How often do we actually reflect on life? We do it unconsciously ever day when we say we like a song or a TV show, but what about reflecting on your life and what has occured let’s say over the past 30 days? Lately I have been looking at what has changed over the past 4-5 months, what we haven’t been able to do but also what the pandemic has made possible. For example, it has allowed me to reconnect with my friends from Charleston via Zoom and I am eternally grateful for that. On the other hand, since we are new to Charlotte I cannot go out and make new friends. It has allowed me to have the time to start this blog which I truly enjoy. How often do we reflect on our lives to see what was good and what was not? For me it’s probably once a year in January, unless I get a tug from God to look at something specific. Jesus reflected with God many times in the bible, he went to the Mount of Olives to pray, to make sure he was doing God’s will. (Luke 22:39-46) Being in relationship with a loving God allows us to reflect with him and receive loving correction when needed.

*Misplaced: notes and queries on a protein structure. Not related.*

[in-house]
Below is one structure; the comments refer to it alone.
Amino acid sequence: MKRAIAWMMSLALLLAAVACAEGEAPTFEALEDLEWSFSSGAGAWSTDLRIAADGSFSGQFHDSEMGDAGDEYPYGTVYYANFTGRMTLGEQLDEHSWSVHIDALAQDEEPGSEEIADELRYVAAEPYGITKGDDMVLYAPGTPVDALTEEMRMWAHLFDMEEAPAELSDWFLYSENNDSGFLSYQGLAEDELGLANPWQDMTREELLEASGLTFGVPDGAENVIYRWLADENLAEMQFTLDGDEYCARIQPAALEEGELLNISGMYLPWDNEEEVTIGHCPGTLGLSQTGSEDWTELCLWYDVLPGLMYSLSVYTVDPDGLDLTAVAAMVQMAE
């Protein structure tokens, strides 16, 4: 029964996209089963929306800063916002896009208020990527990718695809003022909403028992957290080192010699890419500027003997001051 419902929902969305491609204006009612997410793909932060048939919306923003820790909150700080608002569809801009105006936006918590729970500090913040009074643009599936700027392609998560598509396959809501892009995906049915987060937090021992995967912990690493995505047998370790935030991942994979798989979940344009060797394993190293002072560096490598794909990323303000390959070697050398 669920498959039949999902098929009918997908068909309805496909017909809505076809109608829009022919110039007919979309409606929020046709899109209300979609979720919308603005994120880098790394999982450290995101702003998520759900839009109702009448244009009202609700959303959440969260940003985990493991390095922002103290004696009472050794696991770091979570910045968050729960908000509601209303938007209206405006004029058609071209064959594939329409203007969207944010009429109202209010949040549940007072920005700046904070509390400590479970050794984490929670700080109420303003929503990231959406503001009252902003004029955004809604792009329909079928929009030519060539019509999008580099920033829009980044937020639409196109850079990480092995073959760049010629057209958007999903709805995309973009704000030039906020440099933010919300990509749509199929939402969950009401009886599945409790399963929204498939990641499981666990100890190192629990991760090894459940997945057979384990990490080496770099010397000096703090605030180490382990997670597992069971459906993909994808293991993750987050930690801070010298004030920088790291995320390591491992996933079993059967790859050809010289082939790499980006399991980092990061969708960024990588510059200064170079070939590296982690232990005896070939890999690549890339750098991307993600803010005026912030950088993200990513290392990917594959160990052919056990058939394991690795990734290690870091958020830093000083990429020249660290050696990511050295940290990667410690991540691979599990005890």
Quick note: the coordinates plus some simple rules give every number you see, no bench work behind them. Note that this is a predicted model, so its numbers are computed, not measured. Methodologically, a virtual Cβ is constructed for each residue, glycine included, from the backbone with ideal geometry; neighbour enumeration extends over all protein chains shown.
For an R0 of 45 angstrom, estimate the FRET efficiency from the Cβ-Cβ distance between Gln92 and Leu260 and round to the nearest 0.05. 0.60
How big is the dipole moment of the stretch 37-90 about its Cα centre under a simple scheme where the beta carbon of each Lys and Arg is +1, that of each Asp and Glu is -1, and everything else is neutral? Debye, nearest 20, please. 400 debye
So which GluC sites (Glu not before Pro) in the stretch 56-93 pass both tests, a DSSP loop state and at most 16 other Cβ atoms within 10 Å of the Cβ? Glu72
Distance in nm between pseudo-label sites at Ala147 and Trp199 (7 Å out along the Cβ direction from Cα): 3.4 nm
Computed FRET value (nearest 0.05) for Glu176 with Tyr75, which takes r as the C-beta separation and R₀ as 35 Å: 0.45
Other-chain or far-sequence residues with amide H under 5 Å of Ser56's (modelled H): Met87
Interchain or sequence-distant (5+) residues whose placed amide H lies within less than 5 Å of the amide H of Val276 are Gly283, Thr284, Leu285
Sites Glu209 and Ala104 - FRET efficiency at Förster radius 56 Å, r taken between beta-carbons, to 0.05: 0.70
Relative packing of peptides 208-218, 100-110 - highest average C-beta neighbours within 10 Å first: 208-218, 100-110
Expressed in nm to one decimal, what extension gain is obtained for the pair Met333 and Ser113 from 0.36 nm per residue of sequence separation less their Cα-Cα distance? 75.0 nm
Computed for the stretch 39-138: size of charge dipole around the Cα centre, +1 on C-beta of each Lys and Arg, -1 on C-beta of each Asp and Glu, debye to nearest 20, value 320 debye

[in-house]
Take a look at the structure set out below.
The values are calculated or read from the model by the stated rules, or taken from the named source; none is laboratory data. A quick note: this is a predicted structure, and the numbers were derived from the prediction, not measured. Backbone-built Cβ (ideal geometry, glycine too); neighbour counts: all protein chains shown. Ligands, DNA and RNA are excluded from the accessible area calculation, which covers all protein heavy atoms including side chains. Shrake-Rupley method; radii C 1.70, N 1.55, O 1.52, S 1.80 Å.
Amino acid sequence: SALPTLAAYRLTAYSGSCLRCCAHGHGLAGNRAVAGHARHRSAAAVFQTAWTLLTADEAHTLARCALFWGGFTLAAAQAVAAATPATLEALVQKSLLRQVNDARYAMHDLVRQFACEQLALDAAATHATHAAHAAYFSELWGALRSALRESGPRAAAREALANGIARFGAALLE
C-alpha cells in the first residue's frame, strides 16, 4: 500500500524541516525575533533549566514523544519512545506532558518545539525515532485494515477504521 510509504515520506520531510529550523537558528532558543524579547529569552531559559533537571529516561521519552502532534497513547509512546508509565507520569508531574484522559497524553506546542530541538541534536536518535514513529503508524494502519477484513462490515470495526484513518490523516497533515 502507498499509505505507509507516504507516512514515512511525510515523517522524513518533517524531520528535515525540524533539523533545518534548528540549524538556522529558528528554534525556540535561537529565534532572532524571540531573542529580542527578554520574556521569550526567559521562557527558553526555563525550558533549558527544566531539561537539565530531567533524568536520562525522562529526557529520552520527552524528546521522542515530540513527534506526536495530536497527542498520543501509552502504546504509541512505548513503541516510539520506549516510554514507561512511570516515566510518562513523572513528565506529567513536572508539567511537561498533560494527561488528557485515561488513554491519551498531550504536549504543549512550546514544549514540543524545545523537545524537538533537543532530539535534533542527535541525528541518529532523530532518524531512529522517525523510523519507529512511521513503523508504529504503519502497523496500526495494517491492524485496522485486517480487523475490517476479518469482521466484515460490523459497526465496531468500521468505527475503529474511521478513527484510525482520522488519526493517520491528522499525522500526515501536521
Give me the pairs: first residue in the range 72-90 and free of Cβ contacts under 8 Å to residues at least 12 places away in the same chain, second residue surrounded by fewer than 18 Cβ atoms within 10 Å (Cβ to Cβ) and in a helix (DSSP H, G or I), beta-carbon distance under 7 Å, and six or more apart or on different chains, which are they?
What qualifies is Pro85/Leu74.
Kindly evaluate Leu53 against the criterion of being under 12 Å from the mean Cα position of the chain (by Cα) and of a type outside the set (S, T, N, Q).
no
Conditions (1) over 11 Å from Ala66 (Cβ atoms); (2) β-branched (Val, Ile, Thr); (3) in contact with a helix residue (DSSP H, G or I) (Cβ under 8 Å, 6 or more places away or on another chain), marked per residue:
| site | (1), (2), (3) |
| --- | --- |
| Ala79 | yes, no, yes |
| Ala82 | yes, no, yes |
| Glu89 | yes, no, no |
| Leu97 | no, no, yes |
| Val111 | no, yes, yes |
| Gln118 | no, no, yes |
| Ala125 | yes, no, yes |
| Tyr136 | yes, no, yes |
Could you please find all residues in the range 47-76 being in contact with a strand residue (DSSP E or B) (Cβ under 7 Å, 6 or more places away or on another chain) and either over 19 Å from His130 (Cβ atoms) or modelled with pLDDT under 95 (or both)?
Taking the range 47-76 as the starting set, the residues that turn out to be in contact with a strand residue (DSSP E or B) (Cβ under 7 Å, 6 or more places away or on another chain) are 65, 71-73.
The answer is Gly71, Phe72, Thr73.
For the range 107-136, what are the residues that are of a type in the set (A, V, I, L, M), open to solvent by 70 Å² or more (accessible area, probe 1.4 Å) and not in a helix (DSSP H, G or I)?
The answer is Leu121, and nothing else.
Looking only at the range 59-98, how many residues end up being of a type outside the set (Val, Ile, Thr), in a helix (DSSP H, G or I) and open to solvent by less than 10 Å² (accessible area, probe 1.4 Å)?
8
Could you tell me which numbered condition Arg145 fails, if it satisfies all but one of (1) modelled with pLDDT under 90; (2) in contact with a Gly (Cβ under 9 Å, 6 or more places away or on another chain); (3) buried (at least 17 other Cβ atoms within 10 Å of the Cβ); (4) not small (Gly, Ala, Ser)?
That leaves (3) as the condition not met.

The podcast I am reviewing this week is called “The Next Right Thing” by Emily P. Freeman, it is episode #133 and it is called “Learn the Art of Asking Questions.” Emily is a bestselling author, podcast host, and a curious listener. Her podcast is about making decisions, but also, it’s about making a life. She does not interview guests but poses thought provoking questions and the podcasts are short and sweet about 10-15 minutes long. Emily has a very soothing voice that I enjoy listening to. This session on Learn the Art of Asking Questions made me look and reflect on the past 30 days in a different way. She presents five questions you can ask yourself to reflect on the previous month. One was “In the past 30 days what was your most life giving yes?” and another was “Name something you are reconsidering from the last 30 days. As a result of the last 30 days, maybe you’ve reconsidered a long-held belief, a biased worldview, an unhealthy relationship, or the way you’ve allowed grief, anger, or fear to build up in your body. You may not have answers or resolutions, but reconsideration done in the presence of God is an important part of our becoming.” I answered all five questions but the last one was one that I actually had to dig deep on. I noticed much more anxiety in my day to day life lately, so my answer to that question was to realize when I am becoming anxious and use reasoning to figure out why I am so anxious. If I need to take action then take action, if not release it to God. Adam Hamilton in his book Unafraid says you can use the word FEAR as an acronym, Face your fears with faith, Examine your assumption with facts, Attack your anxieties with action, Release your cares to God. I have been attempting to do that.